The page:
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Your Data: Integrated Drug Service

How we use your information

If you are referred to us

Our Integrated Drug Service receive referrals about people who may be in need of our services from a range of sources. We receive referrals from professionals, such as GPs, Nurses or Hospitals, from relatives or neighbours of the person being referred, or from the person themselves. 

Normally, before referrals come to the Council for assessment, they will be triaged by a Multi-Disciplinary Team, which the Council is part of. This Multi-Disciplinary Team includes Health professionals, for example Psychiatrists, Occupational Therapists, Community Psychiatric Nurses, Support Workers from Alcohol & Drugs Action, and a Mental Health Officer and Social Worker who works for the Council. This is because we need a range of professional expertise to decide what the best next steps are for you. 

If the Multi-Disciplinary Team decides that the Integrated Drug Service is best placed to support you, we’ll open a case file your you, which we hold electronically, and on our case management system. 

We receive information from partners which is added to our records. In some cases, information will be added to our records using automated processing, to speed up the time it takes to deal with simple processes. Decisions about you are not made using automated decision-making. 

If you are assessed by us

As part of the assessment process we’ll ask you for information about yourself in order to understand what your needs are. As part of the process we may speak to, and ask for information about you from other organisations, for example NHS or voluntary organisations who are or have been involved in your care. During the assessment process we will normally also carry out a risk assessment and a financial assessment. Your assessment itself and information we have used as part of the assessment process will be held on your care file. The Council is also part of a national initiative (DAISy) led by Public Health Scotland in relation to the provision of drug and alcohol support services, this involves us capturing data about you at the assessment and sharing it with Public Health Scotland.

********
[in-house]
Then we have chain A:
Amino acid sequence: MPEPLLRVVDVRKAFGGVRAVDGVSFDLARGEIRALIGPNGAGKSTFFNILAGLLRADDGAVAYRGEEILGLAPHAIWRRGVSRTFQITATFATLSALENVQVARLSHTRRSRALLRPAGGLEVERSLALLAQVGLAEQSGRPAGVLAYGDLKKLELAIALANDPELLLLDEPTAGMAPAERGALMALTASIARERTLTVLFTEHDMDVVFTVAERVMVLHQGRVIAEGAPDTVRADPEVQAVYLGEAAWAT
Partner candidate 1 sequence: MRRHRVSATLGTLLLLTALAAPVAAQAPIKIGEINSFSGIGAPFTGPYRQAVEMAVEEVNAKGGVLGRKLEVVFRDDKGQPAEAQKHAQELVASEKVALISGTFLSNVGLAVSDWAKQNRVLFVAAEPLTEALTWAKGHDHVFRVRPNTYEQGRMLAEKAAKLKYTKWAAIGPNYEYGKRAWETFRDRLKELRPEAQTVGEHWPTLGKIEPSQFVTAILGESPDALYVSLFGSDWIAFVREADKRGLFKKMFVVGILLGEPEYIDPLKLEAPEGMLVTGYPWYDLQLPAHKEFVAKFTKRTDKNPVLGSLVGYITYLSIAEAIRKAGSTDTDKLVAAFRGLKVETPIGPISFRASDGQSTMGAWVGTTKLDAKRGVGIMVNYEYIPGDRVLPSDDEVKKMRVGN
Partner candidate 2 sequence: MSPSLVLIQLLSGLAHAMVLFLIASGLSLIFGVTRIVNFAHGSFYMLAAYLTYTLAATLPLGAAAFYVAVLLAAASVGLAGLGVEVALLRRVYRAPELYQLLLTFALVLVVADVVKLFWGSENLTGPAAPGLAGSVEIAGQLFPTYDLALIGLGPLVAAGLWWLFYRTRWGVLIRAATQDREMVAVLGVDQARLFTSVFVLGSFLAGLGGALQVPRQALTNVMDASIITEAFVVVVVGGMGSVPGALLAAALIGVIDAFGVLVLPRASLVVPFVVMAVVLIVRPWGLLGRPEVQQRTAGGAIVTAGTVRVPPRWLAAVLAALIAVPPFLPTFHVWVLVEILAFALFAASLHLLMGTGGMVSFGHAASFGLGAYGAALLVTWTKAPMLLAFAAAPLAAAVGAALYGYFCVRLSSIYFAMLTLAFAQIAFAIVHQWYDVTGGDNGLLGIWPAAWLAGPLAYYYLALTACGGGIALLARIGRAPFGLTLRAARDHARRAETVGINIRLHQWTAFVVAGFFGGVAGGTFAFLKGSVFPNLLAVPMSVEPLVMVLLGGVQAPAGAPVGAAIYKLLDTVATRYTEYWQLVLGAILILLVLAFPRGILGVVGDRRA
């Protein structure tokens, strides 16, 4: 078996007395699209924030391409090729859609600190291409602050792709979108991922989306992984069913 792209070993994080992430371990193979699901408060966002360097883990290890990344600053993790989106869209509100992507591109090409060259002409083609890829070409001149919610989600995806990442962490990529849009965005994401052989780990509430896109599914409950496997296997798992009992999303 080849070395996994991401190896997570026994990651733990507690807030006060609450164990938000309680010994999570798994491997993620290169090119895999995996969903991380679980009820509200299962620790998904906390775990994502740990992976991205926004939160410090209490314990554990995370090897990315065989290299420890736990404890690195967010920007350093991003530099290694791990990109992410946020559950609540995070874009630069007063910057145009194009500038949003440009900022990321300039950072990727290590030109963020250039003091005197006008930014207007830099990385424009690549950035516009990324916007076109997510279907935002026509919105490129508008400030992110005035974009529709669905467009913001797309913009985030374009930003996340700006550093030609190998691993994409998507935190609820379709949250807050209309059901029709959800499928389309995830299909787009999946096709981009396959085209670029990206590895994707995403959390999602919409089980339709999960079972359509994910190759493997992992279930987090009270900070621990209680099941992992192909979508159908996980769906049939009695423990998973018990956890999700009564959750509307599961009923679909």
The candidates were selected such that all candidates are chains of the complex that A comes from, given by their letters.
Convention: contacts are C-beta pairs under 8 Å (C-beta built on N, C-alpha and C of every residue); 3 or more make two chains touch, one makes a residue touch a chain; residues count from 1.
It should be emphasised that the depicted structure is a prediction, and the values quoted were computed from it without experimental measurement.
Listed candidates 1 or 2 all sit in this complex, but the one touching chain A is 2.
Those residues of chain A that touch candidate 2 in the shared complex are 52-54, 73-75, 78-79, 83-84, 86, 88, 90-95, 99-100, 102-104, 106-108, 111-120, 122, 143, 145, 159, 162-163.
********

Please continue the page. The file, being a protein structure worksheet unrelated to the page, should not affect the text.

You’ll always be offered a copy of your Assessment and Care/Support Plan, and it will be up to you whether or not you want to keep one.

After you’ve been assessed 

Once you have a Care/Support Plan in place, this will also be kept in your case file. You’ll always be offered a copy of your Assessment and Care Plan, and it will be up to you whether you want to keep one.

Depending on what your support needs you may receive a support service directly from us, or we may to commission a service from an external provider. If we need to commission a service from an external provider we will discuss your needs and share relevant information with Care/Support Providers. We do this to make sure that we match you with a provider which is able to meet your needs.

Once we have identified a provider who can provide the service you need, we will share your Assessment and Care/Support Plan with them because this is necessary so that they can understand your support needs and provide the support you require.  

As you receive support, either from a provider or from the Council, we’ll continue to keep records in your case file. We do this to make sure that you are getting the care and support you require and so we can evidence that we’ve fulfilled our duties to you. 

Reviewing your Support Plan 

We’ll review your Support Plan with you on a regular basis. The first review will happen 6 weeks after it has been put in place, the second at 6 months. After that, we’ll review your Support Plan with you on an annual basis. We’ll also review your Support Plan with you if your care needs change at any time. 

The Council may also capture information at review stage about you as part of a national initiative (DAISy) led by Public Health Scotland in relation to the provision of drug and alcohol support services and share it with Public Health Scotland.

If your Support Plan is updated because your needs have changed, you will receive a copy of your new Support Plan, and we will share it with your Care Provider. 

If you do not want to be assessed by us

If you don’t want to have your care and/or support needs assessed by us, we will still keep a record of your referral and your decision not to have an assessment. This is because we have a statutory duty to provide mental health care and support services, so we need to keep a record which evidences we’ve carried out our statutory duty, even if you decide you do not want an Assessment.   

Joint working and sharing

The Integrated Drug Service is part of the Aberdeen Health & Social Care Partnership. The Partnership is made up of health and social care teams from the NHS and from Aberdeen City Council working together to deliver person centred care which is integrated from your point of view. 

In practice, the Integrated Drug Service is run jointly by the NHS and Aberdeen City Council, who work in partnership, and whilst each partner retains separate records for you, we will work together to support you and this will involve sharing limited, relevant information about you required to do so.